Madison’s Strings Program….. All Quiet?

For my family, one of the unexpected assets of the Madison School District was the Strings Program. Perennially under attack during the Superintendent Rainwater reign, I’ve seen little mention of the District’s String’s program, now available from grades 5 to 12. I only found this snippet on the Madison School District’s website:

Music opportunities continue to expand in Grades 5 through 12. Strings instruction is available to students starting in 5th grade and the curriculum is based on the Wisconsin Model Academic Standards for Instrumental Music. Students in grades 6 and 7 choose to participate in Band, Chorus, General Music, or Orchestra, which also have curriculum based on the Wisconsin Model Academic Standards. In grades 8-12, students may elect to enroll in one of these classes or the additional elective courses at our high schools. These course in connection with the community musical offerings, provide a breadth of experiences to help build student skills and knowledge of music.

Is there more?

One thought on “Madison’s Strings Program….. All Quiet?”

  1. String instruction has solid participation, beginning in Grade 5. More than 1,100 students in Grade 5 take strings across the District.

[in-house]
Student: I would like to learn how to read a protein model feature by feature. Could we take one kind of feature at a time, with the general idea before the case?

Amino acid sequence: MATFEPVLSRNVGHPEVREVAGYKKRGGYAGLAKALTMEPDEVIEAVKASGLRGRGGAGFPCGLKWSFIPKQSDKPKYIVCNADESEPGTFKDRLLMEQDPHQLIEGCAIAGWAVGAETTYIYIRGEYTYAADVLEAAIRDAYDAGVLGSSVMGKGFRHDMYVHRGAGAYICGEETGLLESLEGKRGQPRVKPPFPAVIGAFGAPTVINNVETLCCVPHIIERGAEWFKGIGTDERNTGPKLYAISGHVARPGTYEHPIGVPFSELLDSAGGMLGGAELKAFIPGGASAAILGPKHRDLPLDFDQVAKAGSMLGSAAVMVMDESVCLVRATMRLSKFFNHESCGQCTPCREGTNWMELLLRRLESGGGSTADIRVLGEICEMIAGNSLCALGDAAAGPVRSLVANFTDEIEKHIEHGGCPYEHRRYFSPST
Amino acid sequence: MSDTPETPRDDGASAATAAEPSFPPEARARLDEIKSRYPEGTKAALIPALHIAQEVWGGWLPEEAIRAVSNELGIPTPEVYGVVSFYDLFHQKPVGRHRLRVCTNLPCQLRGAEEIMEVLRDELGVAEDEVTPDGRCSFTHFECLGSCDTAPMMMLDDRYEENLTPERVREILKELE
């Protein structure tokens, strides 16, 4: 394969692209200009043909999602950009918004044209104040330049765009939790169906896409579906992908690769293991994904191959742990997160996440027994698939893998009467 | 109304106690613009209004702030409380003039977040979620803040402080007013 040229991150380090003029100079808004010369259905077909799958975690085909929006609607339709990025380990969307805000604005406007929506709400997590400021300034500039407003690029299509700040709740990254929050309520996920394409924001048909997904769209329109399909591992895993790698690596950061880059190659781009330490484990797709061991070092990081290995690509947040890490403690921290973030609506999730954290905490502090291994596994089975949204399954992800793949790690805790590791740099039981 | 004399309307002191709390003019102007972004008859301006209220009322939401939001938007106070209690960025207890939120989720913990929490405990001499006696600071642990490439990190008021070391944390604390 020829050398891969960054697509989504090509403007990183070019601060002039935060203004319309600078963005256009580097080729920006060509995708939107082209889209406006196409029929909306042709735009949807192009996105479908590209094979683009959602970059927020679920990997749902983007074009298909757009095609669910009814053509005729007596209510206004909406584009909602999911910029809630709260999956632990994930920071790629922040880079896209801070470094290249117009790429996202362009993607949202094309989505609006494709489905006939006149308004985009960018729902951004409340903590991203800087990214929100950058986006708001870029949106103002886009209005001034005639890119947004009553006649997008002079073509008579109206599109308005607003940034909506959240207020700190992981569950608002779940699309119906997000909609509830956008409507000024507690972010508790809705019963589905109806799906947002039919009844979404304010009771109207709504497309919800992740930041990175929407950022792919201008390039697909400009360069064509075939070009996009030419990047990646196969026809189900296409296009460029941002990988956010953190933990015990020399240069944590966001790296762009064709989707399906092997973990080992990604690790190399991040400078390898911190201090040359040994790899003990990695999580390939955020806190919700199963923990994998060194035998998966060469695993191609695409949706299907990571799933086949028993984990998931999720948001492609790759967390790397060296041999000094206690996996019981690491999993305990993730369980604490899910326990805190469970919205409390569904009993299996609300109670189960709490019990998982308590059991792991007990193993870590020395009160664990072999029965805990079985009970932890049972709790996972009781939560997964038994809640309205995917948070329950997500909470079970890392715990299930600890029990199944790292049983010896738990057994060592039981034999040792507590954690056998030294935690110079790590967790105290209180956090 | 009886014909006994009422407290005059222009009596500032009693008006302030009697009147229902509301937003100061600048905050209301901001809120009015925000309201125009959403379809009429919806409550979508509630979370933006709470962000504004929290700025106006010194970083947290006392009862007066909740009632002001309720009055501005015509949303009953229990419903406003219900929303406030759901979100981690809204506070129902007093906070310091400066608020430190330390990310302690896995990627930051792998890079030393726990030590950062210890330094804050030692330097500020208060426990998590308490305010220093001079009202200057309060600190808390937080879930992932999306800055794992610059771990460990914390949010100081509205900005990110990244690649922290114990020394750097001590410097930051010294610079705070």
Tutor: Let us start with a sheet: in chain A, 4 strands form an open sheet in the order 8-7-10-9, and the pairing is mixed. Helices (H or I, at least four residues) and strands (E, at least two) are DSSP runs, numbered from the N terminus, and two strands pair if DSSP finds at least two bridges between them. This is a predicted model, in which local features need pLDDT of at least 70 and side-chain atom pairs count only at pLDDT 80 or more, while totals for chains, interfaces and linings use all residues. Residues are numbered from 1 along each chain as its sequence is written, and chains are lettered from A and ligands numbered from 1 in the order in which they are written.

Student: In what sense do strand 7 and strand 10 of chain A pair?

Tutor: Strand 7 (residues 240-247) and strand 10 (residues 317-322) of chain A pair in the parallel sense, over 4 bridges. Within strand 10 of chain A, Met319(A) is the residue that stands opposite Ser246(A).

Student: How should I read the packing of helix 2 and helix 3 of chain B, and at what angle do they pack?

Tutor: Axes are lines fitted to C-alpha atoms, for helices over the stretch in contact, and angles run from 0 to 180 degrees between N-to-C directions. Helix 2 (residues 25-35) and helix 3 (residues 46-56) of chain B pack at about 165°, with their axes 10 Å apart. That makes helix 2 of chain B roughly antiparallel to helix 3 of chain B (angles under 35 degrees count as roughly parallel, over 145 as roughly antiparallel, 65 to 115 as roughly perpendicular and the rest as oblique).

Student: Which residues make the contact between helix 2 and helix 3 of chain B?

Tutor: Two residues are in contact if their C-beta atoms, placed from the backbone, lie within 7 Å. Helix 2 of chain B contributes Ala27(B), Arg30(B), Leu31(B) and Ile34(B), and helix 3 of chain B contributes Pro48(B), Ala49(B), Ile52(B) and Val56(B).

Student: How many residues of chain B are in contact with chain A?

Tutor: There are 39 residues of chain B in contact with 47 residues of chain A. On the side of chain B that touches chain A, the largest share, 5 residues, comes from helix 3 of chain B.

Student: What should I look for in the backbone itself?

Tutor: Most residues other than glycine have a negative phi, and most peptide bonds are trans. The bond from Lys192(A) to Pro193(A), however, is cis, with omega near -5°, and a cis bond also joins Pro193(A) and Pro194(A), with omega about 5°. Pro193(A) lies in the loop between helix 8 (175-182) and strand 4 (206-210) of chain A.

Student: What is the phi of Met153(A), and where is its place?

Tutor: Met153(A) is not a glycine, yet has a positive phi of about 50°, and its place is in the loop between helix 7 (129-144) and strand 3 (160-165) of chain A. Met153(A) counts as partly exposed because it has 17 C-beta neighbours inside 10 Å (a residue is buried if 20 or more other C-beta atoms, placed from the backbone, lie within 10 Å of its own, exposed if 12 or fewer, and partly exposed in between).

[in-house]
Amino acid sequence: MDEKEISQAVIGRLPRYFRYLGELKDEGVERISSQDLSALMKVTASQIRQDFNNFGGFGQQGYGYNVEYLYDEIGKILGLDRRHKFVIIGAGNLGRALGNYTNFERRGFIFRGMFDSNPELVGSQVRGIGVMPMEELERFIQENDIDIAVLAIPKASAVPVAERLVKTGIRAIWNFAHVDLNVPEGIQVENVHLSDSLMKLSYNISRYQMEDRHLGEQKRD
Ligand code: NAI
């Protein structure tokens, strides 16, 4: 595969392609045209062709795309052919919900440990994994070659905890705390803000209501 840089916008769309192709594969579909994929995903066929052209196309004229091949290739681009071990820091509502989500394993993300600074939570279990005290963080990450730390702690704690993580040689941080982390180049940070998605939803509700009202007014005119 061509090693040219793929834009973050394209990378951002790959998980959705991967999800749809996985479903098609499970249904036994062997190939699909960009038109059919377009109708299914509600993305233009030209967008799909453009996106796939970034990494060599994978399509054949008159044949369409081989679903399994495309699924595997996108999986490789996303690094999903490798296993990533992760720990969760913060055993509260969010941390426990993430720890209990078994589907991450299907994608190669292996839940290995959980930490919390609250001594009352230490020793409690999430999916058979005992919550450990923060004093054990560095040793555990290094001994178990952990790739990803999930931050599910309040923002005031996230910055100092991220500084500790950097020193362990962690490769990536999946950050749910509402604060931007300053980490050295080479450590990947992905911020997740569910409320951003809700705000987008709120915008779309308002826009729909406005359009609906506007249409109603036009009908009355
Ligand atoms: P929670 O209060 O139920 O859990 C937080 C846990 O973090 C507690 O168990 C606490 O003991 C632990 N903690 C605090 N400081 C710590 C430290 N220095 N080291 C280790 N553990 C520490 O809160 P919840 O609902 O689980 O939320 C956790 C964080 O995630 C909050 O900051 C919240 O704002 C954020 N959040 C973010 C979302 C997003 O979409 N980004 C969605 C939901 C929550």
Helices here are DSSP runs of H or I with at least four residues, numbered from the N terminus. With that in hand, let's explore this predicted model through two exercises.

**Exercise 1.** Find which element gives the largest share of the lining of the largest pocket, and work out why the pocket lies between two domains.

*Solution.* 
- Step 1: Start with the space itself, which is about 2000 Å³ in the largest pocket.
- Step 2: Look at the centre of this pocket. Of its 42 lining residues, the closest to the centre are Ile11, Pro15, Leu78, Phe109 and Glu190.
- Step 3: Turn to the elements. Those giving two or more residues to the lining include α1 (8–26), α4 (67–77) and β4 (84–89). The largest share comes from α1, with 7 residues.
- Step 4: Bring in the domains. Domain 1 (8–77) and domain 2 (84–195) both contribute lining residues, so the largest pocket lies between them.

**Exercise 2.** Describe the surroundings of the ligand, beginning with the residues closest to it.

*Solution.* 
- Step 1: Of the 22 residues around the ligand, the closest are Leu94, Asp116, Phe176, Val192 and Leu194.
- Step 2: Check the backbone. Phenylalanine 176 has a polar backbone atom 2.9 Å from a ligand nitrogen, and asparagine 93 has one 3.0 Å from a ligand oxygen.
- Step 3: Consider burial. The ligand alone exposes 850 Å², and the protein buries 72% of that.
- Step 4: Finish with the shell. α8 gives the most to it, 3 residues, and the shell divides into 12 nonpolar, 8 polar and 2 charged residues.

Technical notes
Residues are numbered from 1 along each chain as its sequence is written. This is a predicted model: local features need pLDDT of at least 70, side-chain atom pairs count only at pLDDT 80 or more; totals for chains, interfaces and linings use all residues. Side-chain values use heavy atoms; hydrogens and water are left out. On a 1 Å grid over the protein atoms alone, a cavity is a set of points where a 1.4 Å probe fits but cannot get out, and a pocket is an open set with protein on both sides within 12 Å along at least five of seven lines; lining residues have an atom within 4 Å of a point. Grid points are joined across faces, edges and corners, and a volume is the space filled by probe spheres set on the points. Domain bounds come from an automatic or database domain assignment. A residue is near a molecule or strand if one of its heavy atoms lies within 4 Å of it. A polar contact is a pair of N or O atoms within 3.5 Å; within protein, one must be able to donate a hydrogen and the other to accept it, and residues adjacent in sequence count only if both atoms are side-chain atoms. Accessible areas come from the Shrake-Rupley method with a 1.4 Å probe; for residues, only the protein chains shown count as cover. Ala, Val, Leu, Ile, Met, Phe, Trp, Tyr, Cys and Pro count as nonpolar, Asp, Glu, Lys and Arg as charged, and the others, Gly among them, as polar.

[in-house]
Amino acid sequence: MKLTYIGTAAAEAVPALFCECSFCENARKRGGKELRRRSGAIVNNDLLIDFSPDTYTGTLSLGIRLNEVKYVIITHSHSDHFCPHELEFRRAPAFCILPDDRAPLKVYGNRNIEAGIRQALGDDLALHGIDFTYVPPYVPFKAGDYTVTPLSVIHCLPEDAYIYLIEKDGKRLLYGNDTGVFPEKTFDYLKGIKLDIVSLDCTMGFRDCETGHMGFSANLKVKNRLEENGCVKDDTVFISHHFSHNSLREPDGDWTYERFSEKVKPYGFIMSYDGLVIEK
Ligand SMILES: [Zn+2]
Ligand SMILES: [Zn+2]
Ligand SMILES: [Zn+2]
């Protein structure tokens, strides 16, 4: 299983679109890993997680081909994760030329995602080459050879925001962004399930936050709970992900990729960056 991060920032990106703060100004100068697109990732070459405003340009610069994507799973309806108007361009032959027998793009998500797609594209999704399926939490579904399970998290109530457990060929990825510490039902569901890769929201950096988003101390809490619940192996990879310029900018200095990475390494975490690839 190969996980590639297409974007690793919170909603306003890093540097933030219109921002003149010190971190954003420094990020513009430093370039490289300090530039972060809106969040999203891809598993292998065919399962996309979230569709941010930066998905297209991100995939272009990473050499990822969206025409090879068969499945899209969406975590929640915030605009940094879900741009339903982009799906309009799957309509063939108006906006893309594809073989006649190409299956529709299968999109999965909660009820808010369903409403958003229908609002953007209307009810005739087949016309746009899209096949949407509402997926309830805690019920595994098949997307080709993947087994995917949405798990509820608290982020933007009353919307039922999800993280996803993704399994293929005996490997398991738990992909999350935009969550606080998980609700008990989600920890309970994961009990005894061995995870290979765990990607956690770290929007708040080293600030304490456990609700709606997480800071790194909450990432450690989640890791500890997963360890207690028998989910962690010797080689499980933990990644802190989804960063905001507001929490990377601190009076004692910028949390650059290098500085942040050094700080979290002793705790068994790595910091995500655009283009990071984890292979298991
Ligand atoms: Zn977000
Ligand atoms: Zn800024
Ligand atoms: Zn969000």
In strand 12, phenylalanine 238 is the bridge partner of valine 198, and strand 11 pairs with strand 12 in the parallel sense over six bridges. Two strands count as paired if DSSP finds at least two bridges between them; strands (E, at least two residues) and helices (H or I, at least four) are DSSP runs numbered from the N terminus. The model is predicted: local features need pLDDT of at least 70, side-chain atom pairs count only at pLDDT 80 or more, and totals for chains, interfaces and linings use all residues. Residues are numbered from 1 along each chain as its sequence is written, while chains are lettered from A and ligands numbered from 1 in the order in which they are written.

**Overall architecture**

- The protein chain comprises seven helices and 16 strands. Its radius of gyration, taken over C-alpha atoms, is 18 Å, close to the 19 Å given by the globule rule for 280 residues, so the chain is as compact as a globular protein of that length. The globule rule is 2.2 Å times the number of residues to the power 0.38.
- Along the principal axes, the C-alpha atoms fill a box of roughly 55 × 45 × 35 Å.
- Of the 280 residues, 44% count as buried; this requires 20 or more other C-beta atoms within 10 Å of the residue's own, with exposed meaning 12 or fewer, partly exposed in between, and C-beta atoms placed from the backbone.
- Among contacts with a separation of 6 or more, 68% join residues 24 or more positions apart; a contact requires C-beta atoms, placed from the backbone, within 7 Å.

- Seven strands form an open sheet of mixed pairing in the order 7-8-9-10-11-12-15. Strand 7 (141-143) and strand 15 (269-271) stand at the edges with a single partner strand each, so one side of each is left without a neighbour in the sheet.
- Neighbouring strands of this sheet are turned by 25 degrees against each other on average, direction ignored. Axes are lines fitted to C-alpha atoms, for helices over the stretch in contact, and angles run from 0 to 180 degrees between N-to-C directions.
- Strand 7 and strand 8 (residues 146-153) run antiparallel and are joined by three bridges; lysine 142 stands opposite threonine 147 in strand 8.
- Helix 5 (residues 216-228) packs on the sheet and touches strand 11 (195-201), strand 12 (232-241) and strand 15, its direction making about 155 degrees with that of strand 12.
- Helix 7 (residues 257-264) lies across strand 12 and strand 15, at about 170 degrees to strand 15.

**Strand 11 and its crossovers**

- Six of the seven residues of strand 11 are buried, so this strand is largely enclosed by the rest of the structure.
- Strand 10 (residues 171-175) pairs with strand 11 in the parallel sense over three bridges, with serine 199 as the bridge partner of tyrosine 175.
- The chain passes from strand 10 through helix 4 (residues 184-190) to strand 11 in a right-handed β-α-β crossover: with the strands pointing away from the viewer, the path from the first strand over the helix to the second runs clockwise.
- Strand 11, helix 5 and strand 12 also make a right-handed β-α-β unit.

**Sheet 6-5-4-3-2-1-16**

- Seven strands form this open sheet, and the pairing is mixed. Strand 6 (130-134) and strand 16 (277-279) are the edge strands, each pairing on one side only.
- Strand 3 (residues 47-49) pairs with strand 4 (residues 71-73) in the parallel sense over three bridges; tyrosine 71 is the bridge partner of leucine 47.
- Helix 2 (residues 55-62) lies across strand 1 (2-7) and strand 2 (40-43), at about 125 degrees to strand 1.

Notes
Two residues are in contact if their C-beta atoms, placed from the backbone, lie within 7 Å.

To me, a more significant change in all arts education for the school district is the strength and vision of the current arts administrator – Laurie Fellenz – and the support for the arts from the School Board and Superintendent.
    Through Laurie’s leadership the past two and one-half years as the current arts administrator, she has worked collaboratively with school administrators, teachers, community arts organizations to bring respect and a bit more stability to the arts education curricula and to those who teach this subject area. This is a marked changed from the previous 5 years, and the positives from this change are evident.
    Currently, MMSD is joining with the City of Madison and the Overture Center to apply for a Kennedy Center grant to strengthen K-12 arts education through co-curricular opportunities that build upon the District’s K-12 arts curriculum. And, Laurie is focusing on equity issues across the schools and skill development in the arts for all children that enhances creativity and literacy. Yamaha is funding keyboard labs in the District is another positive change. I really enjoyed seeing student artwork on various billboards across the city.
    While I am concerned about the funding for K-12 arts education and that challenges continue, I am heartened by the vision, work and leadership shown by Laurie Fellenz and all the district’s arts education teachers as well as support from our School Board and our current and previous superintendents. These have been positive steps imho.

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